Monday, April 26, 2010

Progress Report: 4/26/2010

With regards to agent news... still no sign of land. Fortunately, the supplies are in good shape, so I don't think we'll be resorting to cannibalism any time soon.

Got some good work done on the Thunderstruck outline this week. I also got bashed in the head by another story. Sometimes, a story comes bubbling up in a dream, and it's sufficiently compelling that I have to pursue it. I was asked by a friend if this happens often. Hmm... how often does it need to happen to be considered "often"? Once or twice a year seems about right, at least for the amount of time I have right now for writing.

Sometimes, these stories don't actually hold up that well when they start to appear on paper, which only makes sense. Dreams have their own weird internal logic. Sometimes, there's no fixing a dream story's inherent "dream-ness."

The one thing I almost never seem to get from a story that comes to me in a dream is an ending. This can be a real challenge. The first novel I got seriously going with is called The Boy in the Glass, and it came from a dream. The first several chapters were all right there with perfect clarity, to the point that I was practically able to transcribe them verbatim from memory. Neat! They set up an excellent character and a fascinating mystery that changes her life... and then, I don't know what it means. The agony is that I'm sure that in the dream I did know what it all meant, and I lost it.

I want to get back to that novel again, damn it. I know there's a solution in there somewhere.

Wednesday, April 21, 2010

Games, Art, and Ebert


In terms of movie critics, Roger Ebert is my favorite... so I do wish he would stop embarrassing himself with his strange compulsion to extend his criticism to video games. Really, he hasn't got a leg to stand on. Since he does not and (by his own declaration) will not ever play video games, what credence can he possibly have? It's like a movie critic who never watches movies.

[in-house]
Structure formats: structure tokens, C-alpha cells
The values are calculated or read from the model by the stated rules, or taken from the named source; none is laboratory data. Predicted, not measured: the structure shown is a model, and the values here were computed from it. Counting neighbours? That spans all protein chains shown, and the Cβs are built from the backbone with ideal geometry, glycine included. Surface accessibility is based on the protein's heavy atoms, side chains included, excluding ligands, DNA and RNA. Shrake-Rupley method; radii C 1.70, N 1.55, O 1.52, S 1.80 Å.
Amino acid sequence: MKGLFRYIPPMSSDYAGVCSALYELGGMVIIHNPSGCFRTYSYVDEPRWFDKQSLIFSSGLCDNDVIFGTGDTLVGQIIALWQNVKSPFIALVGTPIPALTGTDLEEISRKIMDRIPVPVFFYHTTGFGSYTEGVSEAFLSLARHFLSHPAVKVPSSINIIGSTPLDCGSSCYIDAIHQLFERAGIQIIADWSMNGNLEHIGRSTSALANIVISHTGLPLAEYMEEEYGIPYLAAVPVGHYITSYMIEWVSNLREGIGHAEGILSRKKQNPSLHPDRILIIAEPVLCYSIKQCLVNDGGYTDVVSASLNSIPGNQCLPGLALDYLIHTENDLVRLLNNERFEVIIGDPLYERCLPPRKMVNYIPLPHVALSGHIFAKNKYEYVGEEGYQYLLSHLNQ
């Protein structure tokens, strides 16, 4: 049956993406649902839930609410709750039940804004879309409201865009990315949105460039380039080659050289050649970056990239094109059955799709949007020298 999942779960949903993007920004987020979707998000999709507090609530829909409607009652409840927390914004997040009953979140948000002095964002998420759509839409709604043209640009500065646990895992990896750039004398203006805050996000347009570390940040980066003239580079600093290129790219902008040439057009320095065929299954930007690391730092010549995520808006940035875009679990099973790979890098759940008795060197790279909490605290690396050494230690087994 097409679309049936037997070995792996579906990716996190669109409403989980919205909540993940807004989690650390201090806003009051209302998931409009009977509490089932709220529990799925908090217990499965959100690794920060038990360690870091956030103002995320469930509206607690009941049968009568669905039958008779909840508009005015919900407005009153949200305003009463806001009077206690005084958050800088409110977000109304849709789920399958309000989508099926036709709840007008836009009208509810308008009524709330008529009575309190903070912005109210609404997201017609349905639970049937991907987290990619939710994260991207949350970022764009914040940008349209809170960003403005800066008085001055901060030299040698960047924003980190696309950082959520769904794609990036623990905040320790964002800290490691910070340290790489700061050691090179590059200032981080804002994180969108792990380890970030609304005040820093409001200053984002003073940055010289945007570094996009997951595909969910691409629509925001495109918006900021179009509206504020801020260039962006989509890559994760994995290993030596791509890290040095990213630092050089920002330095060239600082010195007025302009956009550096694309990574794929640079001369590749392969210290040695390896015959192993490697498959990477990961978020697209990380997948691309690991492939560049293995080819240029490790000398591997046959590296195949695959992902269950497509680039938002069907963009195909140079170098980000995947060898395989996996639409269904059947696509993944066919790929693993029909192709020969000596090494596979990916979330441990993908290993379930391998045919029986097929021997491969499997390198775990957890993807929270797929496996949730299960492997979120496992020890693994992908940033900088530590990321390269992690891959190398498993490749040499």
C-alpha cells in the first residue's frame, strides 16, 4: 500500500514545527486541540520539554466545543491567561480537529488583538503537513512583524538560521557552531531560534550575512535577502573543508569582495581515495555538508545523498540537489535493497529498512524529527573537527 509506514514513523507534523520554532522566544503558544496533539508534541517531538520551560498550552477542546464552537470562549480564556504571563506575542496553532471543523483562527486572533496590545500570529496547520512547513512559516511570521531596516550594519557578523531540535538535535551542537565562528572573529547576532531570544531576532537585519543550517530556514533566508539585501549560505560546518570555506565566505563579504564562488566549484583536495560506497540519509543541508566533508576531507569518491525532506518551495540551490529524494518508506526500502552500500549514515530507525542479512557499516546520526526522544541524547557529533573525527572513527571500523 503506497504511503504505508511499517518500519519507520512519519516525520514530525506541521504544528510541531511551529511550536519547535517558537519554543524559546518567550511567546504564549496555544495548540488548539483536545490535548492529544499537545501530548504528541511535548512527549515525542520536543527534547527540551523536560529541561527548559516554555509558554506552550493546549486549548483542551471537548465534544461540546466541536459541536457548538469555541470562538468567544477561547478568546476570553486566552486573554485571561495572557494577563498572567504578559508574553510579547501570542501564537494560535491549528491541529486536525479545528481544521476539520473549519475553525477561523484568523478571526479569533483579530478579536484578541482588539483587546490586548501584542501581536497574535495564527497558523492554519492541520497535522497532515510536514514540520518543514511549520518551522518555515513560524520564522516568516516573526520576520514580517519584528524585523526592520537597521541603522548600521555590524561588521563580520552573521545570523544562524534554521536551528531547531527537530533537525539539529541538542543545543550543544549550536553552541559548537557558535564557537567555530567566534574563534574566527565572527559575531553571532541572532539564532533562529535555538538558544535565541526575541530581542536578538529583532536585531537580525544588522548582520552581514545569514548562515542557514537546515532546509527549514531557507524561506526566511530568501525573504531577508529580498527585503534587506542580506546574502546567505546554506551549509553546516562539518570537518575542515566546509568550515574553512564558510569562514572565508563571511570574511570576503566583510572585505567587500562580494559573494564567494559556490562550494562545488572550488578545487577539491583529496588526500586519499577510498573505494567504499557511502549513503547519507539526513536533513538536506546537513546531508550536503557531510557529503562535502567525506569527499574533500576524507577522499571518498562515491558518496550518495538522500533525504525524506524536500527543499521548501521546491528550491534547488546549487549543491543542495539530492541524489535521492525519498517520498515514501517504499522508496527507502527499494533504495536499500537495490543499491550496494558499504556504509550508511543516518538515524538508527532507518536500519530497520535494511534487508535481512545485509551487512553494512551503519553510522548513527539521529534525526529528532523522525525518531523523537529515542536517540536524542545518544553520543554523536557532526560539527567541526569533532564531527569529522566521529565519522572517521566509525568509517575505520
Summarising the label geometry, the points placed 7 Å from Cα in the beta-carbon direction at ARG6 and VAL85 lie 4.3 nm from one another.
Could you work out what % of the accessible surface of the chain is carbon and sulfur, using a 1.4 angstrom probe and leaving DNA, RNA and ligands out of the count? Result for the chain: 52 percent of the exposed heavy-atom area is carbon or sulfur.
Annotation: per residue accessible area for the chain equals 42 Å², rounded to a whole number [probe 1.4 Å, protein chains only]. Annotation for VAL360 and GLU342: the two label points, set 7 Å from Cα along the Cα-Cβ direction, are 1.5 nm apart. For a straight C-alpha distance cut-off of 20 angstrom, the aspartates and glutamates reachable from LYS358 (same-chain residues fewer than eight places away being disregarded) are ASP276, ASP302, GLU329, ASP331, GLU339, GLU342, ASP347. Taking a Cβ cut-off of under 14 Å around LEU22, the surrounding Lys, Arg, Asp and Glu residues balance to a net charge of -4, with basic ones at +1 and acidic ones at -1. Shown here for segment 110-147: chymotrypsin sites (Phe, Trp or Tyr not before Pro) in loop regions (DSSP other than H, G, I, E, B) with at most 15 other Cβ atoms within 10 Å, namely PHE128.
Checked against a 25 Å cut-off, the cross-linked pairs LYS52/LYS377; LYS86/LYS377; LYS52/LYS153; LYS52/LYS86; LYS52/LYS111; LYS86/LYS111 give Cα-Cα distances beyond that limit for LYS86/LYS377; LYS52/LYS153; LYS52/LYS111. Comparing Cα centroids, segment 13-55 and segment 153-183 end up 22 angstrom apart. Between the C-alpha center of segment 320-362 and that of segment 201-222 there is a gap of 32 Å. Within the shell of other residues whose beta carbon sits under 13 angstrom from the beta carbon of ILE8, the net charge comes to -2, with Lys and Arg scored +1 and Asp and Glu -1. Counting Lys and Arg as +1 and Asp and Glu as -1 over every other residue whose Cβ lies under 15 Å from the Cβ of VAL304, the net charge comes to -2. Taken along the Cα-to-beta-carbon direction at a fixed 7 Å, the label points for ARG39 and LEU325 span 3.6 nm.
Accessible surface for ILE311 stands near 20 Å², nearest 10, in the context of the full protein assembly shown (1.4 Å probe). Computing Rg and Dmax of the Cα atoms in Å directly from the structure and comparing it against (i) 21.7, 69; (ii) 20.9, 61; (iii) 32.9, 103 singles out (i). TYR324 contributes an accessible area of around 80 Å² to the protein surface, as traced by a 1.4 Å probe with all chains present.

What compels Ebert to keep poking this hornet's nest? Is it a love for attention? He already gets plenty of that. Is it sheer elderly crotchety-ness? Conceivably, though it's a disappointing idea. One of the things I admire about Ebert as a movie critic is that he is almost always willing to take a movie on its own terms. He will critique an action movie on whether or not it is a good action movie, not sneer at it for daring not to be an art film.

If only he would extend the same courtesy to games.

In any case, I like Tycho's statement on the Penny Arcade blog, regardless of the personal barbs directed at Ebert as a person (barbed words are Tycho's stock and trade, after all). Ebert is, of course, arguing in bad faith. He is setting the goalposts wherever he damn well pleases, whimsically defining the terms of the discussion as it suits him, and happily and unrepentantly speaking from a place of ignorance. Here's a good example from Ebert's essay:

One obvious difference between art and games is that you can win a game. It has rules, points, objectives, and an outcome. Santiago might cite a immersive game without points or rules, but I would say then it ceases to be a game and becomes a representation of a story, a novel, a play, dance, a film. Those are things you cannot win; you can only experience them.
Translation: "I'm going to define a video game the way I want to define it, nyah nyah."

There are, as many have pointed out to him, countless games that are not about "winning" or "losing." They are about the experience. You don't play to win, anymore than you "win" by getting to the end of a book you're reading.